Atlantic Basin Tropical Cyclones

Tropical Storm Martin Forecast Discussion

WTNT41 KNHC 011500

Tropical Storm Martin Discussion Number   1
NWS National Hurricane Center Miami FL       AL162022
1100 AM AST Tue Nov 01 2022

The occluded low over the central North Atlantic has developed deep
convection over its center, while the frontal boundaries have
become displaced a long distance to its east and north.  At
the same time, FSU Cyclone Phase Space analyses suggest that the
system has developed a non-frontal warm core.  Given these changes,
the system has evolved into a tropical cyclone. The ASCAT
scatterometer just observed the system and indicated that the
intensity is currently at 45 kt with a large area of
35 kt-plus winds. Thus the system is now a tropical storm and given
the name Martin.

The system is moving toward the east-northeast around 8 kt, as it
is embedded in the mid-latitude westerlies in a split in the jet
stream with faster westerlies both poleward and equatorward of the
system.  Martin should turn toward the northeast at an increasingly
rapid forward speed during the next two days.  The official track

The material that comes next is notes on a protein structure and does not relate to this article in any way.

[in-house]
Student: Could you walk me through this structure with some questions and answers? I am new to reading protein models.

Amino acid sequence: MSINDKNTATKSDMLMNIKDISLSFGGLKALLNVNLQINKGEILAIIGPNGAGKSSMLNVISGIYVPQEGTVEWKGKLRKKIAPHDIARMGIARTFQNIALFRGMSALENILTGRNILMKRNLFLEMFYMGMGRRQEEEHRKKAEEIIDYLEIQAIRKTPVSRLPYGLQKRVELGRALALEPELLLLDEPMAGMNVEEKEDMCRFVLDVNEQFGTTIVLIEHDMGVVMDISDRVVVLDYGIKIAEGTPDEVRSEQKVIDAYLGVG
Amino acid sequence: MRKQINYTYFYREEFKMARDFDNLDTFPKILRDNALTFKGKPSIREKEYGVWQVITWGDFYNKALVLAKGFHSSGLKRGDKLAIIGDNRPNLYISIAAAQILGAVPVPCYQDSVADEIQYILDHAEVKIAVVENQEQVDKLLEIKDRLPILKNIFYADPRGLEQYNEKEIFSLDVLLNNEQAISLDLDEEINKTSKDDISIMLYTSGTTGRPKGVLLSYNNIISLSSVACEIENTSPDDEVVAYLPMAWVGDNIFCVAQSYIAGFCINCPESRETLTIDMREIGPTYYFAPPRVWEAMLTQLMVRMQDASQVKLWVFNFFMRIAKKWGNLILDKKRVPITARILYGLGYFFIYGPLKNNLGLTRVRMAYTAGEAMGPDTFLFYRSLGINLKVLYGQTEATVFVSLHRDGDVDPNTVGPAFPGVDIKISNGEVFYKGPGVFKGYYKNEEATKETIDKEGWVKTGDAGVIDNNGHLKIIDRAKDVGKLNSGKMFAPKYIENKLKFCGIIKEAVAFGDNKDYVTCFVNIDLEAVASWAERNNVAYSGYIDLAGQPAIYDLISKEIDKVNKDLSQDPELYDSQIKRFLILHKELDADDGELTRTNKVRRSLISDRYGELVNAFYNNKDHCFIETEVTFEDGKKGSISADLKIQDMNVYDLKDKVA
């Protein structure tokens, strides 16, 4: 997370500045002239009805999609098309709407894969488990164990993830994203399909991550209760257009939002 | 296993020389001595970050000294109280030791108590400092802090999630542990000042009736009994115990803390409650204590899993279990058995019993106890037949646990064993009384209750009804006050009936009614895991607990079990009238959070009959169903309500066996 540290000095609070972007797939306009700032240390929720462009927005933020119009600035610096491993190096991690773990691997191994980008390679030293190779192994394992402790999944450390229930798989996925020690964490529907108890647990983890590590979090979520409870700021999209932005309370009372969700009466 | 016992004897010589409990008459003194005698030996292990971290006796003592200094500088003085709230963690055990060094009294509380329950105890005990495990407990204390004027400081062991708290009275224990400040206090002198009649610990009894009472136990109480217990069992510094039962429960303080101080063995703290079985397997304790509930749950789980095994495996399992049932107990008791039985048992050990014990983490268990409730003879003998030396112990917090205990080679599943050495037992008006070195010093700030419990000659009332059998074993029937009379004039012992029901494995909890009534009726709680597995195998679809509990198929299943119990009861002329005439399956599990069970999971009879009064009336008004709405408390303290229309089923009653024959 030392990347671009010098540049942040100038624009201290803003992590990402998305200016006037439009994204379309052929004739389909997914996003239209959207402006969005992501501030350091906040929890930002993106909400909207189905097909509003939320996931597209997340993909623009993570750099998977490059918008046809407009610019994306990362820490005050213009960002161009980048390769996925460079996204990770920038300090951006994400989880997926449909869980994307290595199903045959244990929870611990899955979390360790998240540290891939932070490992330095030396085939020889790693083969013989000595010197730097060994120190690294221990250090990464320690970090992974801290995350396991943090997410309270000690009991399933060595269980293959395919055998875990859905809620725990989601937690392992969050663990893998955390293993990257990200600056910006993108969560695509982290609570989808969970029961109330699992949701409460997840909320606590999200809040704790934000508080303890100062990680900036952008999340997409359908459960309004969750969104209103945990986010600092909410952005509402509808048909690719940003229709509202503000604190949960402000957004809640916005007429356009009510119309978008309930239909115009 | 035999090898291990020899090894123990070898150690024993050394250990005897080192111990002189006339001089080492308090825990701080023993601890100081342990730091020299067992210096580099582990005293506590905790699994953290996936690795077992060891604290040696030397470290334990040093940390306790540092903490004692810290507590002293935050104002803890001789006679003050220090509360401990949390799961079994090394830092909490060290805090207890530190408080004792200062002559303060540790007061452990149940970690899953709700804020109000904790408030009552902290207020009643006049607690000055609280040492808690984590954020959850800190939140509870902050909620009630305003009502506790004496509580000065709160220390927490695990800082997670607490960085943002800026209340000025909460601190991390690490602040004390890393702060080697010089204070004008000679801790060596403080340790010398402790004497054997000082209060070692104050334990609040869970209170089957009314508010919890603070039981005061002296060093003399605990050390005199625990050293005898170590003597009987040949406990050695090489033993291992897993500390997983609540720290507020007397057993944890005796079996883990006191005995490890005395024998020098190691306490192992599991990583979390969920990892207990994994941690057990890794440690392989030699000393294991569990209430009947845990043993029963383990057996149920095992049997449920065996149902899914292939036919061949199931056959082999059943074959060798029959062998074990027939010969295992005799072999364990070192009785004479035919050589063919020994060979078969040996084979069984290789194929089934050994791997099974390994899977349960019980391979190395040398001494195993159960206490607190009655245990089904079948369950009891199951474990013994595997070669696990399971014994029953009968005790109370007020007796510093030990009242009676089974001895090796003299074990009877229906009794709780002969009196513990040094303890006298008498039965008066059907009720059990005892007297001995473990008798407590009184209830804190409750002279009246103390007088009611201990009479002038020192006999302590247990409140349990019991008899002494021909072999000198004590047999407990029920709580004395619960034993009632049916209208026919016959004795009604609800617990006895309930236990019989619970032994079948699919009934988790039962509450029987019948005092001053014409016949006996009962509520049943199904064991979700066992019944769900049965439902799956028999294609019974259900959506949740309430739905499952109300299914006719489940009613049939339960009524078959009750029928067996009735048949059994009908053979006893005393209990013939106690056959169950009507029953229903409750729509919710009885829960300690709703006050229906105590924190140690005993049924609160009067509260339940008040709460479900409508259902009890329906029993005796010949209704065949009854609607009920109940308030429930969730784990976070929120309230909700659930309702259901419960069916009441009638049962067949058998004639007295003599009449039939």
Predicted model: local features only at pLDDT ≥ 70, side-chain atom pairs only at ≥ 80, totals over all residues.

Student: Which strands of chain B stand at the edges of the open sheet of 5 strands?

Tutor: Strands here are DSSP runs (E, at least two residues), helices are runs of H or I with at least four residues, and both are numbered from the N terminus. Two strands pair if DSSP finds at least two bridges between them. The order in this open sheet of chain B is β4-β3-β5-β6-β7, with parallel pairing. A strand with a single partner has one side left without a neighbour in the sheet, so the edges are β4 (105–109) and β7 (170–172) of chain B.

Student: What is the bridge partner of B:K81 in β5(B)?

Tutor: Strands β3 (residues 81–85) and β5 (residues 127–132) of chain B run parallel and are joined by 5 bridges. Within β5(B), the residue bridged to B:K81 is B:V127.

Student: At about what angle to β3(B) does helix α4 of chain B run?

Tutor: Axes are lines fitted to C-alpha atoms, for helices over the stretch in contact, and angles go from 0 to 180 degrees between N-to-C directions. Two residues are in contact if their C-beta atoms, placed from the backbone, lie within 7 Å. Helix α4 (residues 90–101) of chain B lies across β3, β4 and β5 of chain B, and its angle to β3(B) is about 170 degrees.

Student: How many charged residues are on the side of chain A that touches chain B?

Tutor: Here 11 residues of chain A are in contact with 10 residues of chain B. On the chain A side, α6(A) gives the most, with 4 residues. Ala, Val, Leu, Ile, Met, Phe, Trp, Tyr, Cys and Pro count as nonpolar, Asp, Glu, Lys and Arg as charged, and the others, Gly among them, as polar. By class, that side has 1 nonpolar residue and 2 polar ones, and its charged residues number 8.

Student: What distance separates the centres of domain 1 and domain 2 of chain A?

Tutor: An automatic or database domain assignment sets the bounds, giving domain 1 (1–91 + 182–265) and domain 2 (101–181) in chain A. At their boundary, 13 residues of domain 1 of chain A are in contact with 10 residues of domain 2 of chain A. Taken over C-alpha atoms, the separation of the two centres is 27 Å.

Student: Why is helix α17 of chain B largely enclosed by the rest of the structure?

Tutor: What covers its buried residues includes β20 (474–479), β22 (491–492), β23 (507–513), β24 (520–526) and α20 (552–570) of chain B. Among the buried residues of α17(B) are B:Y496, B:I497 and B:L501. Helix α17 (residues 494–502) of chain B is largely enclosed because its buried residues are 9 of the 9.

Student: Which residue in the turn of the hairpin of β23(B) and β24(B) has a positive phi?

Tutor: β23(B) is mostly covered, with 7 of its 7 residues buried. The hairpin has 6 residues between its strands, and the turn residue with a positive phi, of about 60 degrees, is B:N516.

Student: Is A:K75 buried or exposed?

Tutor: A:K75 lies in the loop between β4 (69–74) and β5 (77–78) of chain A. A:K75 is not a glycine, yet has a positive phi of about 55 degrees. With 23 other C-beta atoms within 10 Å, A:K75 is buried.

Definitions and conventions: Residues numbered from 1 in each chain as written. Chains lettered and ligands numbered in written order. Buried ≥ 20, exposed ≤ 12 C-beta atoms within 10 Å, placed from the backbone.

forecast is based upon the consensus (TVCN and HCCA) of the tightly
clustered global and hurricane dynamical models. In about three
days, Martin should decelerate as it merges with a developing
extratropical low to its north.

For the intensity, even though the SSTs are a lukewarm 25C, the
upper-level temperatures are quite cold given that Martin is
embedded within a deep and vertically stacked cyclone. This
vertical temperature structure should enable deep convection
to continue, even while the mid-level moisture is only marginally
ample.  The vertical shear is 20-25 kt out of the southwest, but
the effects of this moderate shear are tempered by Martin moving in
the same direction as the shear vector.  Bottom line is that
despite the month being November, Martin is expected to develop into
a hurricane at high latitudes.  The official intensity prediction
steadily strengthens the system through 48 hr, which matches a
consensus of the statistical, global, and hurricane dynamical
models.  Around 48 hr, Martin should transition into a powerful
extratropical low as a cold front reaches near the center of the
system.  In about three days, post-tropical Martin should be
merging with an developing extratropical system to its north but
still be containing hurricane-force winds.


INIT  01/1500Z 35.3N  55.9W   45 KT  50 MPH
 12H  02/0000Z 35.4N  53.9W   50 KT  60 MPH
 24H  02/1200Z 36.1N  50.7W   60 KT  70 MPH
 36H  03/0000Z 38.7N  46.4W   70 KT  80 MPH
 48H  03/1200Z 43.8N  40.0W   75 KT  85 MPH...POST-TROP/EXTRATROP
 60H  04/0000Z 51.5N  34.6W   75 KT  85 MPH...POST-TROP/EXTRATROP
 72H  04/1200Z 56.0N  34.9W   70 KT  80 MPH...POST-TROP/EXTRATROP
 96H  05/1200Z...DISSIPATED

Forecaster Landsea

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